Will the Apple iWatch be a Revolutionary New Payment System?
The Apple Worldwide Developers Conference in San Francisco begins on June 2 and everything from Apple TV to the Beats acquisition for $3.2 billion has been mentioned as possible groundbreaking announcements.
One of the latest rumors has an Apple iWatch with an NFC (near field communication) chip being introduced at this conference.
This might not sound like a big deal, but it could be the start of the largest revolution in financial payments since the credit card.
An Apple iWatch is not just a watch with a video screen. No matter what Dick Tracy would lead you to believe, the screen on a watch would be really too small for any useful video application.
But, imagine adding an NFC chip and Touch ID to the rumored Apple iWatch. This would enable you to replace all your credit cards and give you the most secure and easiest form of mobile payment on the planet. All in one device–the iWatch.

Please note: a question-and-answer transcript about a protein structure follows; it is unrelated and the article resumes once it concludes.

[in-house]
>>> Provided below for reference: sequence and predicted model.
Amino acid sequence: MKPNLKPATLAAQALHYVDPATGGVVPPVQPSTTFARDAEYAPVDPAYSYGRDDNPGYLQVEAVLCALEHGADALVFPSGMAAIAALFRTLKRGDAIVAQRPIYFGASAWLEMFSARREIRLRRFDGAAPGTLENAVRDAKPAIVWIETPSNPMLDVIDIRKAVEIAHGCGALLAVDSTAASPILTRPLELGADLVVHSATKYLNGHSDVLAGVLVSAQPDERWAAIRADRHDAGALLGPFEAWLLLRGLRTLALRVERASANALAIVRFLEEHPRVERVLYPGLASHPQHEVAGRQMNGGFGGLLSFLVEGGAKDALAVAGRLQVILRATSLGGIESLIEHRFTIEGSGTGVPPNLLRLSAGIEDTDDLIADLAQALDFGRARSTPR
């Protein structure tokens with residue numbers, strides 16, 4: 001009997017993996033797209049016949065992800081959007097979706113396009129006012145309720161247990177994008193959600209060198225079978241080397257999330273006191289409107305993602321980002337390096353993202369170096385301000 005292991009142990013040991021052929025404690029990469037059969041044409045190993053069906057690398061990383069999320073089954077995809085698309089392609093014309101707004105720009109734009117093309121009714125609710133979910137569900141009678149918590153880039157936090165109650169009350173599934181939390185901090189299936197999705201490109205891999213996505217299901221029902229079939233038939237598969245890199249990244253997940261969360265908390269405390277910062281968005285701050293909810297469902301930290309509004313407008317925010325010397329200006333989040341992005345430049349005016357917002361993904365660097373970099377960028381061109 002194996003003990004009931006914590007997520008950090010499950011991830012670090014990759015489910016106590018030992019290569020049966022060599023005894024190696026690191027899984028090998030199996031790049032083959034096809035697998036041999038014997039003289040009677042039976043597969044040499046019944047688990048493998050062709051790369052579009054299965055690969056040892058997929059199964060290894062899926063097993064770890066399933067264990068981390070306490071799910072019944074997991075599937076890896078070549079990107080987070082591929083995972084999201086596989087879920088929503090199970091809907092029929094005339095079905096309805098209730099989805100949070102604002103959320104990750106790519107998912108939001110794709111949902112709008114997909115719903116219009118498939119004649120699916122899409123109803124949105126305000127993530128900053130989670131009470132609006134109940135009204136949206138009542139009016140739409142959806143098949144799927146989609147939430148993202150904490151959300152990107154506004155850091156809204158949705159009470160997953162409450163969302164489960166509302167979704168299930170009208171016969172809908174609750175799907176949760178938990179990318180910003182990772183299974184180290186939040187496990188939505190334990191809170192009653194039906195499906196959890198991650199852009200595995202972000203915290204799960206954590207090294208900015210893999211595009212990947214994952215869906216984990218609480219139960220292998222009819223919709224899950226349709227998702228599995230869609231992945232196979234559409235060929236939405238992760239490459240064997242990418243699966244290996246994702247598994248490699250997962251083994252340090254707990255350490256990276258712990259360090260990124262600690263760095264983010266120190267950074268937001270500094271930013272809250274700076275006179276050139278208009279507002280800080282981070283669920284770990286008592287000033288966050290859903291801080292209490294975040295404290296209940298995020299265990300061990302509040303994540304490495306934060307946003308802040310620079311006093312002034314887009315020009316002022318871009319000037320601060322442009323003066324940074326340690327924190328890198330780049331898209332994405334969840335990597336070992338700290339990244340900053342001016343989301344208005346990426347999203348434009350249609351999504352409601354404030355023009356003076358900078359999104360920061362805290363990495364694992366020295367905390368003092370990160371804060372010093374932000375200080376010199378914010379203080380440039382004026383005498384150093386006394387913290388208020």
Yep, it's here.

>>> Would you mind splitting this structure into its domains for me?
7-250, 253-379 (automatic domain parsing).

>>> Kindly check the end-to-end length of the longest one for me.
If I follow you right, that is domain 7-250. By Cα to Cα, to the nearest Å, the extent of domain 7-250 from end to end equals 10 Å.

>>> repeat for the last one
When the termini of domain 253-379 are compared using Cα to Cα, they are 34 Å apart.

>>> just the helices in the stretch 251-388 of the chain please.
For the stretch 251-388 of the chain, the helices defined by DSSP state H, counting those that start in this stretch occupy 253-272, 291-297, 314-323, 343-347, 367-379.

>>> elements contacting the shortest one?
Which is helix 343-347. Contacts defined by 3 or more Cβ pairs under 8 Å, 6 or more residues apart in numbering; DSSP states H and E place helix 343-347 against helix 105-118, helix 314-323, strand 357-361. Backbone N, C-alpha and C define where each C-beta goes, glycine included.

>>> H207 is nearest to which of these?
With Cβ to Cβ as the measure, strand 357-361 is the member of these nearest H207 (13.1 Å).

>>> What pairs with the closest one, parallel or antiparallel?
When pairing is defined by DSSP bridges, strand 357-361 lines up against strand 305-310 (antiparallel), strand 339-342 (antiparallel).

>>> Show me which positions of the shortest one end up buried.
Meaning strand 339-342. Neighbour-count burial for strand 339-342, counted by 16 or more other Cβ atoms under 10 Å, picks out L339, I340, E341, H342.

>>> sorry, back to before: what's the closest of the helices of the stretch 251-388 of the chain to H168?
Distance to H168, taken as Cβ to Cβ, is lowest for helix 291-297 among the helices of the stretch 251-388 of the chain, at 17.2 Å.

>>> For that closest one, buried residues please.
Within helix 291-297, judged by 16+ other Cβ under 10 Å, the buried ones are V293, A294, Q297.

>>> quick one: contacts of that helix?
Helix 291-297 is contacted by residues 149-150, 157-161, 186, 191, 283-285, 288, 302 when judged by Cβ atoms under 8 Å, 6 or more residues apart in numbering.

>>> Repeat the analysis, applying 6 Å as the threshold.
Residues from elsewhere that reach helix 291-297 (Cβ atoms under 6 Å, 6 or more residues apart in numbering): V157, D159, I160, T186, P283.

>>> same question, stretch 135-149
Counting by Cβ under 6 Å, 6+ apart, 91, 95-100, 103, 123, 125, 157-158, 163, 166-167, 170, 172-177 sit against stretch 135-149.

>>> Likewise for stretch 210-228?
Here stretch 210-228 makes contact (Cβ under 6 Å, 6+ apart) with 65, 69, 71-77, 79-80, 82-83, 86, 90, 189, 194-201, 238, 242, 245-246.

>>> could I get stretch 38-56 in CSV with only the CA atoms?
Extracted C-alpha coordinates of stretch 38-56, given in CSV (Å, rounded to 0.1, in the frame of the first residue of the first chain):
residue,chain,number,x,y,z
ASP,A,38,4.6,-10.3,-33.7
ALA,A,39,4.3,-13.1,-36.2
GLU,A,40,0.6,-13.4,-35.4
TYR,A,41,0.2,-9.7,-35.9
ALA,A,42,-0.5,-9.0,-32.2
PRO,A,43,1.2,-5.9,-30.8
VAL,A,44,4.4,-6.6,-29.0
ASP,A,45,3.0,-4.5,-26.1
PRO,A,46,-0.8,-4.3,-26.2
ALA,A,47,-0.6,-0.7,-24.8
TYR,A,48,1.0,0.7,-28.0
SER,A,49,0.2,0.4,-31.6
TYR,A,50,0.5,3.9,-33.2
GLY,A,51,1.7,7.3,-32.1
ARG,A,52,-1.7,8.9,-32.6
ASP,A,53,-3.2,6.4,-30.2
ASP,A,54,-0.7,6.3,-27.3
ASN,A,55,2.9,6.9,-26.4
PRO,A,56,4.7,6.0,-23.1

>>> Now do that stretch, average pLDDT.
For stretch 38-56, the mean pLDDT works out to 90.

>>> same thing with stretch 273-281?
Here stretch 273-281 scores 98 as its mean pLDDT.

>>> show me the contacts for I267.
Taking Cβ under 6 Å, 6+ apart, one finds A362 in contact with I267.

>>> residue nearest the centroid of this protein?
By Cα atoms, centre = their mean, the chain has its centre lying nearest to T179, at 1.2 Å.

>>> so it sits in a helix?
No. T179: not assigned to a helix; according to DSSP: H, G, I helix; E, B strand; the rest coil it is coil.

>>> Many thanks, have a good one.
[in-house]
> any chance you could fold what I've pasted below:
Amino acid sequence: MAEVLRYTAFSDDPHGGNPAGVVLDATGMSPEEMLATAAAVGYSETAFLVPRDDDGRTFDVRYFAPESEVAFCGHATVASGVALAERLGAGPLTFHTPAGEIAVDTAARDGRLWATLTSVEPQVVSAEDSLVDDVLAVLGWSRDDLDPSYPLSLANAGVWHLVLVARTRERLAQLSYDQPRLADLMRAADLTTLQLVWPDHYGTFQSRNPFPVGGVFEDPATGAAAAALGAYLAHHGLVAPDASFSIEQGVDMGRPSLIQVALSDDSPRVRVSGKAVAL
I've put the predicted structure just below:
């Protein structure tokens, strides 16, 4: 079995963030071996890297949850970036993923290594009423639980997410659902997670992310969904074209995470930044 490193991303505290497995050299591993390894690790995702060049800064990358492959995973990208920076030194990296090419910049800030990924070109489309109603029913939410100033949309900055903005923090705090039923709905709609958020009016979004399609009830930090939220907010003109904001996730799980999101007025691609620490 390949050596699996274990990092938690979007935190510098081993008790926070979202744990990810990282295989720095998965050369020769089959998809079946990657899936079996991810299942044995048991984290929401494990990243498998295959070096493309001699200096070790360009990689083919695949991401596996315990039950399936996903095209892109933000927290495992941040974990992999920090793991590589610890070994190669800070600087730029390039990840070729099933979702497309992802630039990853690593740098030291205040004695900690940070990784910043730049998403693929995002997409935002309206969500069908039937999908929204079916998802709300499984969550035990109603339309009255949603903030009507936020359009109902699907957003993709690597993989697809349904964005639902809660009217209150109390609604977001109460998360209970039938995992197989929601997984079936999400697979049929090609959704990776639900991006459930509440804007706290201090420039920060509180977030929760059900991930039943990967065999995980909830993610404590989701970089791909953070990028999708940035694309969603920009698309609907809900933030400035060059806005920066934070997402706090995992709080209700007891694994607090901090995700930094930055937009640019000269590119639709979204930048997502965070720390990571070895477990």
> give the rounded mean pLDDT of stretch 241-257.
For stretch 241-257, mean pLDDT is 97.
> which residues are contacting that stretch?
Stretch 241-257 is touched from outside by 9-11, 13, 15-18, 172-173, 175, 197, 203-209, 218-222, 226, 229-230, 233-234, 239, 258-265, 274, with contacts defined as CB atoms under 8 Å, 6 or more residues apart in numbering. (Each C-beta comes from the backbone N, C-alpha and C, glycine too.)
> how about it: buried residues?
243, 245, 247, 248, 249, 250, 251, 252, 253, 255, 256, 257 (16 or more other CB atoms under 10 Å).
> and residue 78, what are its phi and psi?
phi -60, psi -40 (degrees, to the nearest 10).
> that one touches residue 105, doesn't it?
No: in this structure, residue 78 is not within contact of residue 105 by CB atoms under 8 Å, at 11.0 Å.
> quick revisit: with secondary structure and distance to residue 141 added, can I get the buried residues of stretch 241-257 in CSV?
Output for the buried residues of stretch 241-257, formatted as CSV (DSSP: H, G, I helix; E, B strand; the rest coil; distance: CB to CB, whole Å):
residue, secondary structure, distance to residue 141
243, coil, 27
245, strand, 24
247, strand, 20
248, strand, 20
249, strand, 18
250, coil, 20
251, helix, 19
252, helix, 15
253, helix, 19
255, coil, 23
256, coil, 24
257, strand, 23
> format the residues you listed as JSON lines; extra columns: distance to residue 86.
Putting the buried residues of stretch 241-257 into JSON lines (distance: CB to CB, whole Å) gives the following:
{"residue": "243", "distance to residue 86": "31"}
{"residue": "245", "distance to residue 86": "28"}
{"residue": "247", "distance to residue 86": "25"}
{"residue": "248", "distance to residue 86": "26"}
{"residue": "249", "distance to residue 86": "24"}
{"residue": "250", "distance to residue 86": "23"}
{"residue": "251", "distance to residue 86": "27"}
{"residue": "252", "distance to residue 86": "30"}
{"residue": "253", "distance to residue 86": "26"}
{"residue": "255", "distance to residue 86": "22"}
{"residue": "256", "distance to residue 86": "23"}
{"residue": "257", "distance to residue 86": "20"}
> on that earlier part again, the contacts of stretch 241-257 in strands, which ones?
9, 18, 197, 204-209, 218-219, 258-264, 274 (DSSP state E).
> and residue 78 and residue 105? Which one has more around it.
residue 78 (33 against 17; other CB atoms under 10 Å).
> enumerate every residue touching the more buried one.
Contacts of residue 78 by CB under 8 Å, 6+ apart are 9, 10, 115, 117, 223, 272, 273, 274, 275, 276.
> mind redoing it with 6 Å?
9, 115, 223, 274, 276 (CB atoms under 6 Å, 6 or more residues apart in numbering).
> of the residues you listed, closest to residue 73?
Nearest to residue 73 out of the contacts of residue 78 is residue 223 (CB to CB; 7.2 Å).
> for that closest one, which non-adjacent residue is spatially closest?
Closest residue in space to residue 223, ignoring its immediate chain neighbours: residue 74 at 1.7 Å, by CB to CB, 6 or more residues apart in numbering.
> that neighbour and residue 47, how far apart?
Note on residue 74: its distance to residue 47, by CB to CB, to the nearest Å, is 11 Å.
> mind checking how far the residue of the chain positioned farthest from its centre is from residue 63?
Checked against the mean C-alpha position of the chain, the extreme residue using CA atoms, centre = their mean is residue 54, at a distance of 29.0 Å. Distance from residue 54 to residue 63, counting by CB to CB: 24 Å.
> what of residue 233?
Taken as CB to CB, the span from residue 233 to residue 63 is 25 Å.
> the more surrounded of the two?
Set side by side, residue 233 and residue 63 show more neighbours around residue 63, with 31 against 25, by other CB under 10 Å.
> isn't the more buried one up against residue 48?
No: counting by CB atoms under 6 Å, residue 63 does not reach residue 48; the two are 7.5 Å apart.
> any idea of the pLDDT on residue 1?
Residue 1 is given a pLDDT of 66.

For example, you walk into a clothing store and pick up a pair of jeans. You approach one of 10 automated checkout computers. You scan the jean’s bar code, and when the computer prompts you for payment, you simply hold your iWatch up to the console and let the Touch ID button on your iWatch verify your identity by scanning your fingerprint. Once you have been verified, the NFC chip securely passes your encrypted payment information to the checkout computer, it charges your account and prints you a receipt.
This transaction has eliminated the need to fumble through your wallet for a credit card, sign a credit card receipt, and deal with a young clerk who is on the phone with her boyfriend. What would have easily taken at least two minutes is now a 15-second event.
It is also substantially more secure. Currently, a crook can just steal and use your credit card number. Thieves can even buy stolen cards off the Internet. But with this method, they would have to remove the iWatch from your wrist, copy the skin off your finger with a high grade rubber or plastic while you stay completely still, then trick your phone into thinking the imprint is your fingerprint. A crook could do it, but they will need James Bond or Jack Bauer to pull it off.